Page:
Grapeshot

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Close-up of grapeshot from an American Revolution sketch of artillery devices
Model of a carronade with grapeshot ammunition

In artillery, grapeshot is a projectile that is not one solid element, but a geometric arrangement of round shot packed tightly into a canvas bag[1] and separated from the gunpowder charge by a metal disk of full bore diameter. It was used both in land and naval warfare. When assembled, the shot resembled a cluster of grapes, hence the name. On firing, the balls spread out from the muzzle, giving an effect similar to a giant shotgun.[2]

Grapeshot was devastatingly effective against massed infantry at short range, and was used against massed infantry at middle range. Solid shot was used at longer range and canister at shorter. When used in naval warfare, grapeshot served a dual purpose. First, it continued its role as an anti-personnel projectile. However, the effect was diminished due to a large portion of the crew being below decks and the addition of hammock netting in iron brackets intended to slow or stop smaller shot.[3] Second, the balls were cast large enough to cut rigging, destroy spars and blocks, and puncture multiple sails.[4][5]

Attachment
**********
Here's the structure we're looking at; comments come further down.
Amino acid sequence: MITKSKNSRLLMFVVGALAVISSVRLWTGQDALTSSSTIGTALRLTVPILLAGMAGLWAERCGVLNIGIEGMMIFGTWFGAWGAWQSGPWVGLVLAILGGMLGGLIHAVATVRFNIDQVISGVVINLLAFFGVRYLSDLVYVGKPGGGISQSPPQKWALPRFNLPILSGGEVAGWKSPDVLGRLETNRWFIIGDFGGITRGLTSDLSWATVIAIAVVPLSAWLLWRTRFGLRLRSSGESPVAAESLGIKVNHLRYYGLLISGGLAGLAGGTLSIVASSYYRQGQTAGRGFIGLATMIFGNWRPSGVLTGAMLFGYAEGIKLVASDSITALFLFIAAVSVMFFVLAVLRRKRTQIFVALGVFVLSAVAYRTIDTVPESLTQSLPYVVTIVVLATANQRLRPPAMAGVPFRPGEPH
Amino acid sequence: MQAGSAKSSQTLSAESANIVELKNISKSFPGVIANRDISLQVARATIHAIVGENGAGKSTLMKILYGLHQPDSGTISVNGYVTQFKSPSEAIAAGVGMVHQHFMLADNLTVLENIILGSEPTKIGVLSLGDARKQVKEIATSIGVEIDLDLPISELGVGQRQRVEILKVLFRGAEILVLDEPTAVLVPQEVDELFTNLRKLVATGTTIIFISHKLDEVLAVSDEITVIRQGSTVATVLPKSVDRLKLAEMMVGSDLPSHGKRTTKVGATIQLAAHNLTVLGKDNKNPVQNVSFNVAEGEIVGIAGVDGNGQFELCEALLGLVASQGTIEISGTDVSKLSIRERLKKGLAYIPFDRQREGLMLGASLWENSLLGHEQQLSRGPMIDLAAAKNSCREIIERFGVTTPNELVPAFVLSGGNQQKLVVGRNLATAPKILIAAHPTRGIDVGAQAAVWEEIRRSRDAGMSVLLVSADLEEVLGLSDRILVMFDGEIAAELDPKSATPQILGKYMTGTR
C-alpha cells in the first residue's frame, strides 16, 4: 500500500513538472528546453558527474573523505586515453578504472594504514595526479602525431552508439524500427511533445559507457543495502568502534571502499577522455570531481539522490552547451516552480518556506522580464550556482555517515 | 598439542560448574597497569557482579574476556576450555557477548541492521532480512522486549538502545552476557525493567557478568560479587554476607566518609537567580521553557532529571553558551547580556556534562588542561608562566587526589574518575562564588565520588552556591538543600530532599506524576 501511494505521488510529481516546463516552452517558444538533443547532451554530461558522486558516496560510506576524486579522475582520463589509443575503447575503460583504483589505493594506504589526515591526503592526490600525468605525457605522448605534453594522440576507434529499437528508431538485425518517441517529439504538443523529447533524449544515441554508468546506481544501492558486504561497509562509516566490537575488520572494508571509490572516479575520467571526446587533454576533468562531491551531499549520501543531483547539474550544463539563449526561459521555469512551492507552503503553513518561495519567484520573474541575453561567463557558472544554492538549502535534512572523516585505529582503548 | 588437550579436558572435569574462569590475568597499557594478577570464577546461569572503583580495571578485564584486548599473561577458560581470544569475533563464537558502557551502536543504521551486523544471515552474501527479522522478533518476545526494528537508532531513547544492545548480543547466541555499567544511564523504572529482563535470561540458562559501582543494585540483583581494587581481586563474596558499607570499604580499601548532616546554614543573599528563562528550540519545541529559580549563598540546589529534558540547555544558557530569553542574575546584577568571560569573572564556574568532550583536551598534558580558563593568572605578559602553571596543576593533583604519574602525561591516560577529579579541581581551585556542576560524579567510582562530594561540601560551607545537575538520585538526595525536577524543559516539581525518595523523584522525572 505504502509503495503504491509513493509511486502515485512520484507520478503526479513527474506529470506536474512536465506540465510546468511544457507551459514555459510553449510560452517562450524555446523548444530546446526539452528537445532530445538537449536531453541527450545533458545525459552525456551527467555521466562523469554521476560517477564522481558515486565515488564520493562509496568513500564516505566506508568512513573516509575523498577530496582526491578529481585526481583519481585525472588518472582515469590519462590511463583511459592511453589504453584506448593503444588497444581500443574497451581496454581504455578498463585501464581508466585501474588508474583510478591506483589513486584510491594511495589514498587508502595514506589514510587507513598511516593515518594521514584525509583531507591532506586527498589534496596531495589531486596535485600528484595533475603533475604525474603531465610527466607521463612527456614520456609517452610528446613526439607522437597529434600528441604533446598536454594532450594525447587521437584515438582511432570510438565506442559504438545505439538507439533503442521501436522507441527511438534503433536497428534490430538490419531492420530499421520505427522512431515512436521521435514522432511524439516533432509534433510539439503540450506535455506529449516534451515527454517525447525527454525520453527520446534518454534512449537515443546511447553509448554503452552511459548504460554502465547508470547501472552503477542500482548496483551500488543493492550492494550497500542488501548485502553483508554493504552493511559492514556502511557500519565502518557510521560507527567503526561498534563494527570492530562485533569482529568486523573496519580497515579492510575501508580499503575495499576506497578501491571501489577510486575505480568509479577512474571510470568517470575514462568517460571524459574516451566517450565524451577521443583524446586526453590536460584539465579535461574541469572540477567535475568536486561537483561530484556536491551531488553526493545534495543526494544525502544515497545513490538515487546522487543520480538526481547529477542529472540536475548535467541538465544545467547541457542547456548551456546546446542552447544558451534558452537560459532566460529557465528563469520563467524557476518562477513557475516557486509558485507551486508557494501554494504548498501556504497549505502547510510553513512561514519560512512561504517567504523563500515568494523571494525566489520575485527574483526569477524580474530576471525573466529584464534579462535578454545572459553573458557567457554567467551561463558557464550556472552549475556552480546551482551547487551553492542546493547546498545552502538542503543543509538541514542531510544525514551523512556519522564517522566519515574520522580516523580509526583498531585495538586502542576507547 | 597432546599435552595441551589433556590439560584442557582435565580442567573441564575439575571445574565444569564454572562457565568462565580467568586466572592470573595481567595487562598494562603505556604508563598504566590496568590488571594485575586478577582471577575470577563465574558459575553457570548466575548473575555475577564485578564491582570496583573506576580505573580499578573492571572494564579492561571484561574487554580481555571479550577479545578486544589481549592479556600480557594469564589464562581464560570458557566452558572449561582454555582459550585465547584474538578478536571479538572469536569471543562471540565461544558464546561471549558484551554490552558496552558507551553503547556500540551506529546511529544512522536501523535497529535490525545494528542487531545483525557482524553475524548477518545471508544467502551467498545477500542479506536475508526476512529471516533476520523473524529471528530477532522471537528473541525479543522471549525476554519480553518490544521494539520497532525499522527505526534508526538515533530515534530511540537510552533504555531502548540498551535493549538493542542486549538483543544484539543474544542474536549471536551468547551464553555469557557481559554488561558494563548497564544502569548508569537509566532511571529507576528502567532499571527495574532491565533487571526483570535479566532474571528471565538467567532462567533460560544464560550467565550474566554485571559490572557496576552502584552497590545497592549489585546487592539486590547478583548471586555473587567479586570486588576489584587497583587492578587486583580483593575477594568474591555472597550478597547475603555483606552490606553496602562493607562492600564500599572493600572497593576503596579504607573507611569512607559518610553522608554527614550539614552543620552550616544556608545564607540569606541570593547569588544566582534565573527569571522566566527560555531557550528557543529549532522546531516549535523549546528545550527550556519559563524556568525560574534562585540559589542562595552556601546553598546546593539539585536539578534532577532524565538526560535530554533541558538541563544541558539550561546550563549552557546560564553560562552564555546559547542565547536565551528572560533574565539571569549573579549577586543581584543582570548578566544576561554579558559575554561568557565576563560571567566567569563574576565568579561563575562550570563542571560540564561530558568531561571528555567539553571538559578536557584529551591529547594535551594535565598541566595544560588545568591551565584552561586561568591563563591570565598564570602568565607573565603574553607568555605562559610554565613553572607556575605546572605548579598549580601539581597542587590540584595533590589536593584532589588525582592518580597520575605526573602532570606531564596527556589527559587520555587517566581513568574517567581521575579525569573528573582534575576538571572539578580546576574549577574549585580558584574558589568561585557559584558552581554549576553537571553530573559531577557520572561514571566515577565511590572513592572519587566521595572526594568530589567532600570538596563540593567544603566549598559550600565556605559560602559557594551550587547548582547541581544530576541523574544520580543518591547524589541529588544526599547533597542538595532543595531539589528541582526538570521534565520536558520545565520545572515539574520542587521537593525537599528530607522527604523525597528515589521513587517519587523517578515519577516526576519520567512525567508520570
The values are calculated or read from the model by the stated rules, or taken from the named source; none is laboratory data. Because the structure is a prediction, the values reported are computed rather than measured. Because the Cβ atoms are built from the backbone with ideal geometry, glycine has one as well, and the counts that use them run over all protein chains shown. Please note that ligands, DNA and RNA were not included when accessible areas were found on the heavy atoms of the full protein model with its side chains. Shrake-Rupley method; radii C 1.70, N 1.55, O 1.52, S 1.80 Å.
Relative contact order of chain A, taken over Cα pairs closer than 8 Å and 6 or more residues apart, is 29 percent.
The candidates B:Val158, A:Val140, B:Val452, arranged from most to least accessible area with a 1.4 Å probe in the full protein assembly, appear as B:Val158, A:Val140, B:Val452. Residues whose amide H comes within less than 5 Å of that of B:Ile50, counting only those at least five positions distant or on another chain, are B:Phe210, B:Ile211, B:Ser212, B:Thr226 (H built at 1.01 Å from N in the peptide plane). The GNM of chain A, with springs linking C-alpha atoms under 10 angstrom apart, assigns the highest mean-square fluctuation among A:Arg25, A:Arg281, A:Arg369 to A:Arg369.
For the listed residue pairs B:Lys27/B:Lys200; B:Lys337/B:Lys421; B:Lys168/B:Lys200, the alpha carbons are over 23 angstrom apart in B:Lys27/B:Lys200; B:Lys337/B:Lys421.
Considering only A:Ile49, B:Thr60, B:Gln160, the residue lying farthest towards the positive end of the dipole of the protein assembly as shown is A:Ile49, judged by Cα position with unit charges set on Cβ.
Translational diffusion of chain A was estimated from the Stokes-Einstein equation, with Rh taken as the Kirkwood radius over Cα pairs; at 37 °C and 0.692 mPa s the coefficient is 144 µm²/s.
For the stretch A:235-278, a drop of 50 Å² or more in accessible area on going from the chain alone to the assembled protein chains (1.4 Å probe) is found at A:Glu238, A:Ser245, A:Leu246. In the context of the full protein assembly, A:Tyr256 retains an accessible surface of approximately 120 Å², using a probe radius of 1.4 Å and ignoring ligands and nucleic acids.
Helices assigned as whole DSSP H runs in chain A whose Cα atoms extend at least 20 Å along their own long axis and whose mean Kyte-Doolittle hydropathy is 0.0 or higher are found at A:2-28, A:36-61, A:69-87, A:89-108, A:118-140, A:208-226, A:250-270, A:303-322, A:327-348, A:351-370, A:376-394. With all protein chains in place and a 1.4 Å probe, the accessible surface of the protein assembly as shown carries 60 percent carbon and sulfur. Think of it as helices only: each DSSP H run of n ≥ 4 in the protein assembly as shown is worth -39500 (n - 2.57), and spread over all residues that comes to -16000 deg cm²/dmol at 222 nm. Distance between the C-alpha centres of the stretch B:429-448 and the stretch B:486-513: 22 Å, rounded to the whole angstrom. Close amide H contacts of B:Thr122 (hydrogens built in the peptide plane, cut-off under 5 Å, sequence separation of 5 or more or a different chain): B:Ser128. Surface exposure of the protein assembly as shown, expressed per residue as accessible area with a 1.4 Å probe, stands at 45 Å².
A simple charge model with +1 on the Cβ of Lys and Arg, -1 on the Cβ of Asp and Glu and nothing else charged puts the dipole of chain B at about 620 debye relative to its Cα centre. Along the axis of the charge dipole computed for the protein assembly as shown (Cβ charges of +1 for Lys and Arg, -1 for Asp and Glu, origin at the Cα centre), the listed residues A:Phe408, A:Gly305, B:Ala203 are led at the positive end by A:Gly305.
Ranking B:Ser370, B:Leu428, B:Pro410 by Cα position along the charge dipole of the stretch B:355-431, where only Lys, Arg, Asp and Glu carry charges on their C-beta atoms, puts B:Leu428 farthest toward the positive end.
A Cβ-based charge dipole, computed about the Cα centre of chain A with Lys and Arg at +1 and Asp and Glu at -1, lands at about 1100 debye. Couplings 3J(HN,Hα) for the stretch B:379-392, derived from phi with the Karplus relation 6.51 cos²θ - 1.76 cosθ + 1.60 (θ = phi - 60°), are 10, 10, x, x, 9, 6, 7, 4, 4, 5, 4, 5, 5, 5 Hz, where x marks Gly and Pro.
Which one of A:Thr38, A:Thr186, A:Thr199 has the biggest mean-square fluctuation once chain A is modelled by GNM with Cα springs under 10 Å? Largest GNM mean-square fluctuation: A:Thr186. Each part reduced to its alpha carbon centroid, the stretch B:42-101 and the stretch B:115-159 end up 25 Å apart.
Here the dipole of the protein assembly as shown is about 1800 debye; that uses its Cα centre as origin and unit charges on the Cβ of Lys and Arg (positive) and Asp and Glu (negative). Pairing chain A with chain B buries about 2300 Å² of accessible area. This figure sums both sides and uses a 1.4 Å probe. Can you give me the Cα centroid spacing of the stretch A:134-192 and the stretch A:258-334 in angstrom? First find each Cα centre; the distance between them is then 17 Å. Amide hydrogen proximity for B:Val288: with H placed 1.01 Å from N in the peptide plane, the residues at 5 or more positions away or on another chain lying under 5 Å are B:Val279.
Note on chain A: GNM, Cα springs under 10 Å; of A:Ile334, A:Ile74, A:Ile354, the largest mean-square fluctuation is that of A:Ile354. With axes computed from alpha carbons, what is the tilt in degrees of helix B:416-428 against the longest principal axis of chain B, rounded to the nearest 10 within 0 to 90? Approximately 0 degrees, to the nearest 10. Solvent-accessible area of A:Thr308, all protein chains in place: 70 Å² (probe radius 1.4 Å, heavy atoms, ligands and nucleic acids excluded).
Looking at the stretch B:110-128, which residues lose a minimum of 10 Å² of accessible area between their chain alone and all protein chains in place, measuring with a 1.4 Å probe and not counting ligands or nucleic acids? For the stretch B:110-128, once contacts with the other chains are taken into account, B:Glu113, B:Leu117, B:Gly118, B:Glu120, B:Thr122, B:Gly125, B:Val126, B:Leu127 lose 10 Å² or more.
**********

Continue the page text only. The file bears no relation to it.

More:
Canister shot, also known as case shot fired a larger number of smaller projectiles loosely packaged in a tin or brass container, possibly guided by a wooden sabot. The later shrapnel shell contained similarly smaller projectiles, and used a timed bursting charge to expel those projectiles from the front of the container.[2]

Langrage is an type of improvised round that uses chain links, nails, shards of glass, rocks or other similar objects as the projectiles. Although langrage can be cheaply made, its ballistics are inferior to metal spheres.[6]

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References[edit]

  1. ^ Old Humphrey (1799). The old sea captain. p. 227.
  2. ^ a b Miller, Francis Trevelyan (1957). The Photographic History of The Civil War. Five: Forts and Artillery. New York: Castle Books. p. 177.
  3. ^ Davis, Charles Gerard (1984). American Sailing Ships: Their Plans and History. p. 109.
  4. ^ Henry Burchstead Skinner (1853). The Book of Indian Battles from the Landing of the Pilgrims to King Philips War. p. 141.
  5. ^ Martin, Tyrone G (1987). "Isaac Hull's Victory Revisited". American Neptune.
  6. ^ Page, Courtney. "Langrage". Queen Anne's Revenge Project. Retrieved 10 June 2019.

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